Research Data Governance, Roles, and Infrastructure

  • Anthony Solomonides
Part of the Health Informatics book series (HI)


This chapter explores the concepts, requirements, structures, and processes of data or information governance. Data governance comprises the principles, policies, and strategies that are commonly adopted, the functions and roles that are needed to implement these policies and strategies, and the consequent architectural designs that provide both a home for the data and, less obviously, an operational expression of policies in the form of controls and audits. This speaks to the “What?” and “How?” of data governance, but the “Why?” is what justifies the extraordinary efforts and lengths organizations must go to in the pursuit of effective data governance. This receives a fuller answer in this chapter; in brief, information is a valuable asset whose value is threatened both by loss of integrity, the principal internal threat, and by its potential for theft or leakage, compromising privacy, business advantage, and failure to meet regulatory requirements—the external threats. Internal and external threats are not quite so neatly distinguished in real life, as we shall see later in the chapter.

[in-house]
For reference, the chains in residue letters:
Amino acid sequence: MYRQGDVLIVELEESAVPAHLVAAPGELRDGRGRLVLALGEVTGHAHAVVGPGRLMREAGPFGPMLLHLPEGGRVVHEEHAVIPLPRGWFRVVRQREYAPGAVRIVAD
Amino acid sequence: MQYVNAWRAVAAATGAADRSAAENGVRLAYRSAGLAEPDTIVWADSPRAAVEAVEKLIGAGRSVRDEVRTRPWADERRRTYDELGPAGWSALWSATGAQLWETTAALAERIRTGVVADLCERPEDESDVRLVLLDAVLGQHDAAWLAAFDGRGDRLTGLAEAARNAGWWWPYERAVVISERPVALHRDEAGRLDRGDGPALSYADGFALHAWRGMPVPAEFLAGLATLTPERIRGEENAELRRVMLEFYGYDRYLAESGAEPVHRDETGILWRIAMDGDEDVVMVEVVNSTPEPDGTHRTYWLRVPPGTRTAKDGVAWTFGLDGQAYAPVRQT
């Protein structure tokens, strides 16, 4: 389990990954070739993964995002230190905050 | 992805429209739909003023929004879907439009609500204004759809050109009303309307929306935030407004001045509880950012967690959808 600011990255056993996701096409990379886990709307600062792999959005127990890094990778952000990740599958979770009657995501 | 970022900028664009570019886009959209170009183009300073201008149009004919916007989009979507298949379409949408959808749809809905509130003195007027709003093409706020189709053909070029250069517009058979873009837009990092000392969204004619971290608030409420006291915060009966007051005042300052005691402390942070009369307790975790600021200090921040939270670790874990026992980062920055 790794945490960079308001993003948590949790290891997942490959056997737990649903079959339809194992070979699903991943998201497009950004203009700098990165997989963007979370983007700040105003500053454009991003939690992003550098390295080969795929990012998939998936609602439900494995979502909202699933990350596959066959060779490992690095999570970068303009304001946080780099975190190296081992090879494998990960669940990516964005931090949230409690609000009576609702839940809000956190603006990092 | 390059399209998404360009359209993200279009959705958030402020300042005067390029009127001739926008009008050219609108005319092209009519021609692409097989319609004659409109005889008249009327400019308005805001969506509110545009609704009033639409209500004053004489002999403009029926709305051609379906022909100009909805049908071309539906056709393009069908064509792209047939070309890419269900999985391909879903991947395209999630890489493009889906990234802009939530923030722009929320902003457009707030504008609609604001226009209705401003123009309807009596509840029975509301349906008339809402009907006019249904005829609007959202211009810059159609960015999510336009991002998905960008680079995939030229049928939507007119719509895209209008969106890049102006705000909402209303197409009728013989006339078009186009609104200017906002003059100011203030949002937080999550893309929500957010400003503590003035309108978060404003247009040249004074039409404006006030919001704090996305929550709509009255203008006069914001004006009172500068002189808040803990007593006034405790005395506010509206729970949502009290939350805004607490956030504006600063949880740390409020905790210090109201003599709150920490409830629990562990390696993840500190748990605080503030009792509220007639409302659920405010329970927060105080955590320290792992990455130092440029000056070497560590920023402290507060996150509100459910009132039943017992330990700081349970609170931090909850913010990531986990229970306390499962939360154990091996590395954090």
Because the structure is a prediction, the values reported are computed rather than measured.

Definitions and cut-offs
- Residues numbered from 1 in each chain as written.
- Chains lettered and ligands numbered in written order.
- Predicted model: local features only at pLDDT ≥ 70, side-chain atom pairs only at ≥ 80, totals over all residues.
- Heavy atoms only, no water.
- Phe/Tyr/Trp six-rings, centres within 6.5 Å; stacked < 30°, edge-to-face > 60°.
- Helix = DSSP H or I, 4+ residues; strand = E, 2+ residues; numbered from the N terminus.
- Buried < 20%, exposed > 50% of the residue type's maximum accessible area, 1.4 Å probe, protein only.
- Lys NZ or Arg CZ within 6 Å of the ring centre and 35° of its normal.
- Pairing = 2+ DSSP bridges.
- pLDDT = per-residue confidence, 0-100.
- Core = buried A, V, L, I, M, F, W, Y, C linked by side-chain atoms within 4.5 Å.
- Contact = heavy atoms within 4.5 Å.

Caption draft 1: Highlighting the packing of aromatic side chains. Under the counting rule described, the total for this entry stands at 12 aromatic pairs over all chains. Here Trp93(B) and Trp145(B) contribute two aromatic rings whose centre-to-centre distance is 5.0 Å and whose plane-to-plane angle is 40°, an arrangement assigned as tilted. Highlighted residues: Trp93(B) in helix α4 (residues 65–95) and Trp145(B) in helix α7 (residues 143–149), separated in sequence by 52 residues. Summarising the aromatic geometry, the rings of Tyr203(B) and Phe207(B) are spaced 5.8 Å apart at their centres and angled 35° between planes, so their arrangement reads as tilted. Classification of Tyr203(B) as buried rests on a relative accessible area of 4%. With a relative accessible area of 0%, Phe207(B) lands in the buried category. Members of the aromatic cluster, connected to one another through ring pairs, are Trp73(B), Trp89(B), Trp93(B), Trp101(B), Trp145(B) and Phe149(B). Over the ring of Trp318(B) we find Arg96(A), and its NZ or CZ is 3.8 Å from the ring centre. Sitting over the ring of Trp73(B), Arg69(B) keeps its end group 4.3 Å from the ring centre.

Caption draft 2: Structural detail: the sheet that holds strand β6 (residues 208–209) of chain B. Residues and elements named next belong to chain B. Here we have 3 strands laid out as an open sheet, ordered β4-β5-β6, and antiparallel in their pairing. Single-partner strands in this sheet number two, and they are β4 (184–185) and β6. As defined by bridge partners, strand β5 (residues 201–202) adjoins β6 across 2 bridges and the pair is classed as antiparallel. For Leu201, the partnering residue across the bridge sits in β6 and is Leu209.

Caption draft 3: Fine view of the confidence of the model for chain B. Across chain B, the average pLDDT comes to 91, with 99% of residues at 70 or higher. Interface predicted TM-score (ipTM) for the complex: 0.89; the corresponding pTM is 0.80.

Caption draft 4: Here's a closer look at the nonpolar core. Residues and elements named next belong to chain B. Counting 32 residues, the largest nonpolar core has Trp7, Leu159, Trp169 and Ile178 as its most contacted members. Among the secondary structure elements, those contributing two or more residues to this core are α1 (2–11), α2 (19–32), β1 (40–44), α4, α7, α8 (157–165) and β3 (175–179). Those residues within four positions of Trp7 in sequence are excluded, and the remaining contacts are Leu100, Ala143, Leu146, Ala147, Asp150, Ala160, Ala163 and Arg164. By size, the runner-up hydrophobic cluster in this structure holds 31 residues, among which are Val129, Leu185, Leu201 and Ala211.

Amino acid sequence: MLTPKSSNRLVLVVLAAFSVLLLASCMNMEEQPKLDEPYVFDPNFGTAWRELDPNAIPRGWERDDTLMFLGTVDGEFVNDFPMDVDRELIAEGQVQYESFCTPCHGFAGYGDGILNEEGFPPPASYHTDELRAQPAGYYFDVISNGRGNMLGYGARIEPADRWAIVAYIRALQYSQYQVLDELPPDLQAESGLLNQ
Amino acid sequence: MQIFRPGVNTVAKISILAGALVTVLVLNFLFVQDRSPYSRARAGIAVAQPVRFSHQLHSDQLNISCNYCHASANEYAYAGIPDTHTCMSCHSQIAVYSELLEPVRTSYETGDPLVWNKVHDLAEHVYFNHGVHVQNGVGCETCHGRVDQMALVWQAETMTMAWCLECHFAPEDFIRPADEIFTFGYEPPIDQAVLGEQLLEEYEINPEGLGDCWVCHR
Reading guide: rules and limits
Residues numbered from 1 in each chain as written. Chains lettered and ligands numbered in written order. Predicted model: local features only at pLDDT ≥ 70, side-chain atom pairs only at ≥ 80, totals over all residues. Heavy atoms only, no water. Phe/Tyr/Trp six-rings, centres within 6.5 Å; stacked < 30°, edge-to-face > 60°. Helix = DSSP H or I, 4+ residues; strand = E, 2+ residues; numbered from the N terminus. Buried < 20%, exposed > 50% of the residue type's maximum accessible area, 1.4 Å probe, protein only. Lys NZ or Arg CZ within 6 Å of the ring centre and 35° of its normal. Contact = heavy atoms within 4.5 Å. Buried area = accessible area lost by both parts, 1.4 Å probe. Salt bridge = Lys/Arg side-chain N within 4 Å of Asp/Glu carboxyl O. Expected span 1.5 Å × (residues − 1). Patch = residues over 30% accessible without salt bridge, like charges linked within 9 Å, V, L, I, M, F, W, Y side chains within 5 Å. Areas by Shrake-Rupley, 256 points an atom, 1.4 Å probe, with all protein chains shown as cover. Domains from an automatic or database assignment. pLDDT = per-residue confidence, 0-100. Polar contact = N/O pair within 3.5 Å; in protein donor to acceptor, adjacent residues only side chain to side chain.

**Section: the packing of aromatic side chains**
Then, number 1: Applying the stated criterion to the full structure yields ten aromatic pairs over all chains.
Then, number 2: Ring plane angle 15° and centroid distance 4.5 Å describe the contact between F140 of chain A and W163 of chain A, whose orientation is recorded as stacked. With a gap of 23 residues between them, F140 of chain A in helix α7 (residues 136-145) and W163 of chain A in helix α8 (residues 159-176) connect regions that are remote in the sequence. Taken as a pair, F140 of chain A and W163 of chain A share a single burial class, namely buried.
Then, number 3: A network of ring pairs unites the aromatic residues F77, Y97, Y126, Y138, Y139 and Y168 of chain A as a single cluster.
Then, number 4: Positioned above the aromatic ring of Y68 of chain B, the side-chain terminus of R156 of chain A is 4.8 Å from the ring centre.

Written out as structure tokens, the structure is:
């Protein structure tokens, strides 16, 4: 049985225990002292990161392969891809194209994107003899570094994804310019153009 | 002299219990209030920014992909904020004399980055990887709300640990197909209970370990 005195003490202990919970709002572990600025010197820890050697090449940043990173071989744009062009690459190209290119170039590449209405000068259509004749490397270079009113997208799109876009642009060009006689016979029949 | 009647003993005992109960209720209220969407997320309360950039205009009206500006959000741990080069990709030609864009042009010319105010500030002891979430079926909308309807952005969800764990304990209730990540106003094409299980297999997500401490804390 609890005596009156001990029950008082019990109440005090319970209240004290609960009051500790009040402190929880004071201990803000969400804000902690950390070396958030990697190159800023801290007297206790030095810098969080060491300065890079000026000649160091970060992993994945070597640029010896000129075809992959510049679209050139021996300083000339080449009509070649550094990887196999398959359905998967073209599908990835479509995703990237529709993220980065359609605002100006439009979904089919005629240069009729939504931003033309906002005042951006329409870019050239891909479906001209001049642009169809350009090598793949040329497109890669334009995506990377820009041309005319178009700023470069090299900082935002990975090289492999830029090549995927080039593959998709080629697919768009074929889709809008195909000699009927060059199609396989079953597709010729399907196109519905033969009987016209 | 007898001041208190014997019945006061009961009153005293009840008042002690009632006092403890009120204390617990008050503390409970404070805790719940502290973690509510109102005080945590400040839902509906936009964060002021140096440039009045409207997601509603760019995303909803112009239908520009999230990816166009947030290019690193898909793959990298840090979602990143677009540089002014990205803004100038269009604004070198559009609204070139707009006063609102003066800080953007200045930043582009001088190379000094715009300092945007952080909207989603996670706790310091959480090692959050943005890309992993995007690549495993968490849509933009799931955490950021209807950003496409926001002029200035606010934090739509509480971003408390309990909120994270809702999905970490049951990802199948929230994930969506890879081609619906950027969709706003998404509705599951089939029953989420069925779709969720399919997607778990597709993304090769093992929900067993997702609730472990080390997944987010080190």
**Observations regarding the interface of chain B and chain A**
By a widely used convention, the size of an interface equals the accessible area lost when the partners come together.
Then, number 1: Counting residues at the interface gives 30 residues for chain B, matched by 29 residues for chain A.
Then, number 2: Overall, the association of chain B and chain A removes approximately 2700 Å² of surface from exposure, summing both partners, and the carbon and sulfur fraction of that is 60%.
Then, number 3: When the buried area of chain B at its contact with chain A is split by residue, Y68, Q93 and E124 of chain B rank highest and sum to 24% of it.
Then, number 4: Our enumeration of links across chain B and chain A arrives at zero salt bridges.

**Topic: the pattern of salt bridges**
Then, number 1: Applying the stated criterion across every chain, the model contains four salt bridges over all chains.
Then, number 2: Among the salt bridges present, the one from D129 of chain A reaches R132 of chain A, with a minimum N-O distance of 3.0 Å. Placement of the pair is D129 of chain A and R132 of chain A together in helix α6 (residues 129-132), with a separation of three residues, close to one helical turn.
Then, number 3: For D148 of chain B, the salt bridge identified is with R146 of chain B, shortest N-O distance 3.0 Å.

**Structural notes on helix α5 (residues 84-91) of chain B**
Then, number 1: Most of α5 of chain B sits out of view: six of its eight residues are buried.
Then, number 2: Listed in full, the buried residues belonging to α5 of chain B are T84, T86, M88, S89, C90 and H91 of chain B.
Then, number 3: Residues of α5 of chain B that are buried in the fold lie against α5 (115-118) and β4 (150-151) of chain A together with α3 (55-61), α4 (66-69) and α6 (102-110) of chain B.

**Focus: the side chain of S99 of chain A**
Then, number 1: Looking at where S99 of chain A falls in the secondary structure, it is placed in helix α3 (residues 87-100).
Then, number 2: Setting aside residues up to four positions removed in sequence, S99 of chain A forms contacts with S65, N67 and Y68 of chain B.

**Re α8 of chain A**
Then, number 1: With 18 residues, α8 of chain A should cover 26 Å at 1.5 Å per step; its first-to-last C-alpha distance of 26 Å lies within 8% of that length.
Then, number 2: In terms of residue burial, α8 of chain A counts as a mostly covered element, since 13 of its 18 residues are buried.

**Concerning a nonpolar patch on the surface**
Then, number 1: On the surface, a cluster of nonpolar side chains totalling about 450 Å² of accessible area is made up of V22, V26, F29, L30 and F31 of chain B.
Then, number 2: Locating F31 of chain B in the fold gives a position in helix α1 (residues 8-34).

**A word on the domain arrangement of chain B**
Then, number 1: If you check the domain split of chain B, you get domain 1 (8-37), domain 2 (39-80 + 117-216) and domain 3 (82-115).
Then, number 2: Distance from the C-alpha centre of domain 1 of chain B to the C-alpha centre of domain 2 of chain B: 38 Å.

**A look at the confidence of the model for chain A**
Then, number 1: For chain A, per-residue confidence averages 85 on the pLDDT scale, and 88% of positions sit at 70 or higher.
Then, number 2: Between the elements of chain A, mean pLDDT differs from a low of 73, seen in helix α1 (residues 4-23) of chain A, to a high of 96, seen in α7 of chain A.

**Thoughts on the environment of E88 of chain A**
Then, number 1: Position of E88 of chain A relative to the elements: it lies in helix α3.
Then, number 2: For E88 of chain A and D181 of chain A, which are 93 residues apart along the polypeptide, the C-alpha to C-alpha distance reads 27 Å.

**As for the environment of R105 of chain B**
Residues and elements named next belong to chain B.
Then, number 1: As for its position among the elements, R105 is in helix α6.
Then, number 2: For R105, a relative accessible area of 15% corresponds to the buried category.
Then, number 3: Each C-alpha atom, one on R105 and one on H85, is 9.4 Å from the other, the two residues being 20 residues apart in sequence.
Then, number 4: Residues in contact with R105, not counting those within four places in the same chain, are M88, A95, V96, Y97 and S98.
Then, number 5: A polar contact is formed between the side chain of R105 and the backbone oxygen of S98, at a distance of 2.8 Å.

Data governance Research data governance Information governance Data integrity Internal and external threats Security Privacy Confidentiality Regulatory frameworks HIPAA Common rule 



In addition to the members of the AMIA CRI-WG, I must acknowledge a number of sources. The section on “Defense of Data” has benefited greatly from the American Statistical Association’s Committee on Privacy and Confidentiality and its comparison of the HIPAA Privacy Rule and the Common Rule [13]. The section on roles owes a great deal to the paper by Sanchez Pinto et al. [14] and in particular to the three CRIOs who spoke at the workshop from which the paper was developed, Bill Barnett, Peter Embi, and Umberto Tachinardi. Also fellow panelists at AMIA Summit 2018, Harold Lehmann, Kate Fultz Hollis, Bill Hersh, Jihad Obeid, Megan Singleton, and Umberto Tachinardi. The work of John Holmes [15, 16, 17] was also influential. The implementation section benefited from Adam Tobias and colleagues’ work at USF [11]. Of course, none of these authors bears any responsibility for errors or misunderstandings that may have crept into this chapter.


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Copyright information

© Springer International Publishing 2019

Authors and Affiliations

  • Anthony Solomonides
    • 1
  1. 1.Department of Family MedicineNorthShore University HealthSystem, Research InstituteEvanstonUSA

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